In networks with small-world topology, which are characterized by a high clustering coefficient and a short characteristic path length, information can be transmitted efficiently and at relatively low costs. The brain is composed of small-world networks, and evolution may have optimized brain connectivity for efficient information processing. Despite many studies on the impact of topology on information processing in neuronal networks, little is known about the development of network topology and the emergence of efficient small-world networks. We investigated how a simple growth process that favors short-range connections over long-range connections in combination with a synapse formation rule that generates homeostasis in post-synaptic firing rates shapes neuronal network topology. Interestingly, we found that small-world networks benefited from homeostasis by an increase in efficiency, defined as the averaged inverse of the shortest paths through the network. Efficiency particularly increased as small-world networks approached the desired level of electrical activity. Ultimately, homeostatic small-world networks became almost as efficient as random networks. The increase in efficiency was caused by the emergent property of the homeostatic growth process that neurons started forming more long-range connections, albeit at a low rate, when their electrical activity was close to the homeostatic set-point. Although global network topology continued to change when neuronal activities were around the homeostatic equilibrium, the small-world property of the network was maintained over the entire course of development. Our results may help understand how complex systems such as the brain could set up an efficient network topology in a self-organizing manner. Insights from our work may also lead to novel techniques for constructing large-scale neuronal networks by self-organization.

  7. Homeostatic structural plasticity can account for topology changes following deafferentation and focal stroke.

    PubMed

    Butz, Markus; Steenbuck, Ines D; van Ooyen, Arjen

    2014-01-01

    After brain lesions caused by tumors or stroke, or after lasting loss of input (deafferentation), inter- and intra-regional brain networks respond with complex changes in topology. Not only areas directly affected by the lesion but also regions remote from the lesion may alter their connectivity-a phenomenon known as diaschisis. Changes in network topology after brain lesions can lead to cognitive decline and increasing functional disability. However, the principles governing changes in network topology are poorly understood. Here, we investigated whether homeostatic structural plasticity can account for changes in network topology after deafferentation and brain lesions. Homeostatic structural plasticity postulates that neurons aim to maintain a desired level of electrical activity by deleting synapses when neuronal activity is too high and by providing new synaptic contacts when activity is too low. Using our Model of Structural Plasticity, we explored how local changes in connectivity induced by a focal loss of input affected global network topology. In accordance with experimental and clinical data, we found that after partial deafferentation, the network as a whole became more random, although it maintained its small-world topology, while deafferentated neurons increased their betweenness centrality as they rewired and returned to the homeostatic range of activity. Furthermore, deafferentated neurons increased their global but decreased their local efficiency and got longer tailed degree distributions, indicating the emergence of hub neurons. Together, our results suggest that homeostatic structural plasticity may be an important driving force for lesion-induced network reorganization and that the increase in betweenness centrality of deafferentated areas may hold as a biomarker for brain repair.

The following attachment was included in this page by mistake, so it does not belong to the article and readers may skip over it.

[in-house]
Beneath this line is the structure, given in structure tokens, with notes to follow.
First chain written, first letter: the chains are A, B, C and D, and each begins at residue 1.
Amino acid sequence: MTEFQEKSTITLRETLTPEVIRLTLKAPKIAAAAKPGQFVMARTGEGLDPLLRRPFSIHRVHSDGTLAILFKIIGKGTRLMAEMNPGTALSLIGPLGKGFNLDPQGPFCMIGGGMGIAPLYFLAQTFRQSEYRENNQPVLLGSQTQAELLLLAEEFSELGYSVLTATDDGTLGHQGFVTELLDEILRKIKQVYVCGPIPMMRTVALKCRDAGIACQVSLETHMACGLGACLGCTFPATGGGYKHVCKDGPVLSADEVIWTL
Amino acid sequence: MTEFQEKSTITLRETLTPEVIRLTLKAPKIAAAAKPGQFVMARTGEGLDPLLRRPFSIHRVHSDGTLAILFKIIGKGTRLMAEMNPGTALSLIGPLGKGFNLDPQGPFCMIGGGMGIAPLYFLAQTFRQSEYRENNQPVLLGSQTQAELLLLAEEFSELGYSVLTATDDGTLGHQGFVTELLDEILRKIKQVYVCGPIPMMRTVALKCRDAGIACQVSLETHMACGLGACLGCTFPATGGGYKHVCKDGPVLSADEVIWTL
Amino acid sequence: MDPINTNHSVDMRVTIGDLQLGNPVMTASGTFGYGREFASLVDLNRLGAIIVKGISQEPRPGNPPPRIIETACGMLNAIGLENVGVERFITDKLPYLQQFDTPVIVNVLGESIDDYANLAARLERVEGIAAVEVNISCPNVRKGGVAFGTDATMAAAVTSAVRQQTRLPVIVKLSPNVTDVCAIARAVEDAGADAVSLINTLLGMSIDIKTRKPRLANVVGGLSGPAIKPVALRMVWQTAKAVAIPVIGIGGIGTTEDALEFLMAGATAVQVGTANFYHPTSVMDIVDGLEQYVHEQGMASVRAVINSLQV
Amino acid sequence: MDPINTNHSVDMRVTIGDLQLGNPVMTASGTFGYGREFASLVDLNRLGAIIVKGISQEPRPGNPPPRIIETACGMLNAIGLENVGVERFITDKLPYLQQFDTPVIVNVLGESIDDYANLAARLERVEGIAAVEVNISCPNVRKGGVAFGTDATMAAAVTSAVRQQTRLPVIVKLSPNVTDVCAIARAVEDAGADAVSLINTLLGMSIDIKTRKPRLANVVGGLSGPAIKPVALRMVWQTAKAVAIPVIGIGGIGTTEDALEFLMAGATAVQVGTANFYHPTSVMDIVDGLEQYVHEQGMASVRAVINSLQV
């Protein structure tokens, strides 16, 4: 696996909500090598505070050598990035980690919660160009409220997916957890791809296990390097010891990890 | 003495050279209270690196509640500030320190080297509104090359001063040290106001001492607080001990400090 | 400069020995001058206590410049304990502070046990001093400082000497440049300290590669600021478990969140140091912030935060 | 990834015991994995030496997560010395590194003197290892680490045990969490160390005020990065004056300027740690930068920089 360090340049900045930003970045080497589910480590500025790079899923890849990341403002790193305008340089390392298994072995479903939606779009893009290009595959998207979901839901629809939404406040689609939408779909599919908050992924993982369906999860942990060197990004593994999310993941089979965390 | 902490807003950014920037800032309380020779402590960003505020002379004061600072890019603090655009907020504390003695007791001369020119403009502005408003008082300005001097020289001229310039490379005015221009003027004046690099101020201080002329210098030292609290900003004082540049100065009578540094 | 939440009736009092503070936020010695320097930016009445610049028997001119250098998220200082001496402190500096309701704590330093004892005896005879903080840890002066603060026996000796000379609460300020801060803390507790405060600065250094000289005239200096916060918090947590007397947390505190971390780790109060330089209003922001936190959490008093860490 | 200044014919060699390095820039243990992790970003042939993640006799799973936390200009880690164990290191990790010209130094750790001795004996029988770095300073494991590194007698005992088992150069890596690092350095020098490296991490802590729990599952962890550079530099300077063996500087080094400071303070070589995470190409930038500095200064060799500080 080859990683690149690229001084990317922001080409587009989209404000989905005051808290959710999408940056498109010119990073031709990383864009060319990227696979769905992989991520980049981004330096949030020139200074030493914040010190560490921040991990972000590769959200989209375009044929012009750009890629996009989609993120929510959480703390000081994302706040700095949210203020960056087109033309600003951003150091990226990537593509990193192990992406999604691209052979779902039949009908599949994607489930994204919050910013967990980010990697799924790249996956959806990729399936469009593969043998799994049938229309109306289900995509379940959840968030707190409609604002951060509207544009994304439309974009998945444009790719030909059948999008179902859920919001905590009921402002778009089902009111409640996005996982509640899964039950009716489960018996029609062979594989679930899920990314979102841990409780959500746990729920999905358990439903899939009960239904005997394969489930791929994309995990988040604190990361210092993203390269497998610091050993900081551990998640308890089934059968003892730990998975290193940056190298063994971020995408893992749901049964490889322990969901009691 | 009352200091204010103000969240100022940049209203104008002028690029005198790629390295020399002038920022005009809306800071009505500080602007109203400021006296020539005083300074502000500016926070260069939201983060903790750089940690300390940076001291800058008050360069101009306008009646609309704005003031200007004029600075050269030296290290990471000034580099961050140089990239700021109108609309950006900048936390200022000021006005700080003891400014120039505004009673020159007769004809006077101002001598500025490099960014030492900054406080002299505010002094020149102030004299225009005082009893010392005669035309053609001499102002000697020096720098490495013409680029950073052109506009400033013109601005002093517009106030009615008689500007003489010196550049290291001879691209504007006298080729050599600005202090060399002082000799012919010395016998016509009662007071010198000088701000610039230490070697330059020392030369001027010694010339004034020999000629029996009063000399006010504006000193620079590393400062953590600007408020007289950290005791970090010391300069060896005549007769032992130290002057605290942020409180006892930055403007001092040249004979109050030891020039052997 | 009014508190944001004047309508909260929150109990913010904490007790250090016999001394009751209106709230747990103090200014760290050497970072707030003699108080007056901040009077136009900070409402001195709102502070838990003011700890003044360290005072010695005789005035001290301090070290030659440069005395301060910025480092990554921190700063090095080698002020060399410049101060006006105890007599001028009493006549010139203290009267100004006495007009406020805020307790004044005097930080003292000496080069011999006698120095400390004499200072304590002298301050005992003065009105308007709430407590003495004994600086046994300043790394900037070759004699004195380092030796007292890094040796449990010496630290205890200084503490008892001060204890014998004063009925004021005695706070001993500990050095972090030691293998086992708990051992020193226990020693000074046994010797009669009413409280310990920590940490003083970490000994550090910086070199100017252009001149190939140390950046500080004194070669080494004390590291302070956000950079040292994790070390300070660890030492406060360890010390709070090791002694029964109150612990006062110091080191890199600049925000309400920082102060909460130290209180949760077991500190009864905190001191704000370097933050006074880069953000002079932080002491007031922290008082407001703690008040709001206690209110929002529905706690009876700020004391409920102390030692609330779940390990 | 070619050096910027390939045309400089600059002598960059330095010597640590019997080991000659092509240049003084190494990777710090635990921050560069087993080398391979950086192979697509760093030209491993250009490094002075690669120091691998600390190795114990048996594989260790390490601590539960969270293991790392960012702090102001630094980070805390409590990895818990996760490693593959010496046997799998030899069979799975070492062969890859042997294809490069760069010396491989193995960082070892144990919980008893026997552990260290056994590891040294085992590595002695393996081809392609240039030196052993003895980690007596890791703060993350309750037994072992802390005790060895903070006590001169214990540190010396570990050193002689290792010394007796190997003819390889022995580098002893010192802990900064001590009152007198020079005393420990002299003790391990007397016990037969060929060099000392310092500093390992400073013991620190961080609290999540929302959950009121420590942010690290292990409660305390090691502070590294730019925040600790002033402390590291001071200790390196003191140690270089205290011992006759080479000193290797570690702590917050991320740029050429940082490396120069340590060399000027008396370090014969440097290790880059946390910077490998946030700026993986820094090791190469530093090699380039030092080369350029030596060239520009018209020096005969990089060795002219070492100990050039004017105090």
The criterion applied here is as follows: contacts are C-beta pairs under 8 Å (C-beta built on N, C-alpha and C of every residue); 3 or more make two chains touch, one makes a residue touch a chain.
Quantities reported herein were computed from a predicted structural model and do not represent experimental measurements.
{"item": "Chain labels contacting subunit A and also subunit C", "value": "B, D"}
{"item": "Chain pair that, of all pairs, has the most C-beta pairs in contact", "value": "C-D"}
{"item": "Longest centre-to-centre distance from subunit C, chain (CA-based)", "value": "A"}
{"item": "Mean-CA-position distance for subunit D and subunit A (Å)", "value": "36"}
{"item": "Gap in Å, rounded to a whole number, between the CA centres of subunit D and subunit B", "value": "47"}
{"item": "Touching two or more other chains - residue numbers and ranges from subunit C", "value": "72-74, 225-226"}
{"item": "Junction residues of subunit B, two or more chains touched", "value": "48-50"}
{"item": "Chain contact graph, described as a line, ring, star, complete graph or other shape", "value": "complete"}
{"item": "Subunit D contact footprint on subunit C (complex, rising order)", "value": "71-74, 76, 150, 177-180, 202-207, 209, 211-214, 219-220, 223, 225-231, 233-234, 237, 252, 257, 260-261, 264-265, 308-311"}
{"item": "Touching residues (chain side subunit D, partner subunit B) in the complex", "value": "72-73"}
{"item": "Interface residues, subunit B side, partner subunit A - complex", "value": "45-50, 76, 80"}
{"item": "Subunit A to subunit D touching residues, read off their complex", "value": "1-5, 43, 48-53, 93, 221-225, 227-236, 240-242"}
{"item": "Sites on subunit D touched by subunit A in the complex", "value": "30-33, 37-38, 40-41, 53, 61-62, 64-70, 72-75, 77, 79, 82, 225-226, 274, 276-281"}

8. Homeostatic Interplay between Bacterial Cell-Cell Signaling and Iron in Virulence

    PubMed Central

    Hazan, Ronen; He, Jianxin; Xiao, Gaoping; Dekimpe, Valérie; Apidianakis, Yiorgos; Lesic, Biliana; Astrakas, Christos; Déziel, Eric; Lépine, François; Rahme, Laurence G.

    2010-01-01

    Pathogenic bacteria use interconnected multi-layered regulatory networks, such as quorum sensing (QS) networks to sense and respond to environmental cues and external and internal bacterial cell signals, and thereby adapt to and exploit target hosts. Despite the many advances that have been made in understanding QS regulation, little is known regarding how these inputs are integrated and processed in the context of multi-layered QS regulatory networks. Here we report the examination of the Pseudomonas aeruginosa QS 4-hydroxy-2-alkylquinolines (HAQs) MvfR regulatory network and determination of its interaction with the QS acyl-homoserine-lactone (AHL) RhlR network. The aim of this work was to elucidate paradigmatically the complex relationships between multi-layered regulatory QS circuitries, their signaling molecules, and the environmental cues to which they respond. Our findings revealed positive and negative homeostatic regulatory loops that fine-tune the MvfR regulon via a multi-layered dependent homeostatic regulation of the cell-cell signaling molecules PQS and HHQ, and interplay between these molecules and iron. We discovered that the MvfR regulon component PqsE is a key mediator in orchestrating this homeostatic regulation, and in establishing a connection to the QS rhlR system in cooperation with RhlR. Our results show that P. aeruginosa modulates the intensity of its virulence response, at least in part, through this multi-layered interplay. Our findings underscore the importance of the homeostatic interplay that balances competition within and between QS systems via cell-cell signaling molecules and environmental cues in the control of virulence gene expression. Elucidation of the fine-tuning of this complex relationship offers novel insights into the regulation of these systems and may inform strategies designed to limit infections caused by P. aeruginosa and related human pathogens. PMID:20300606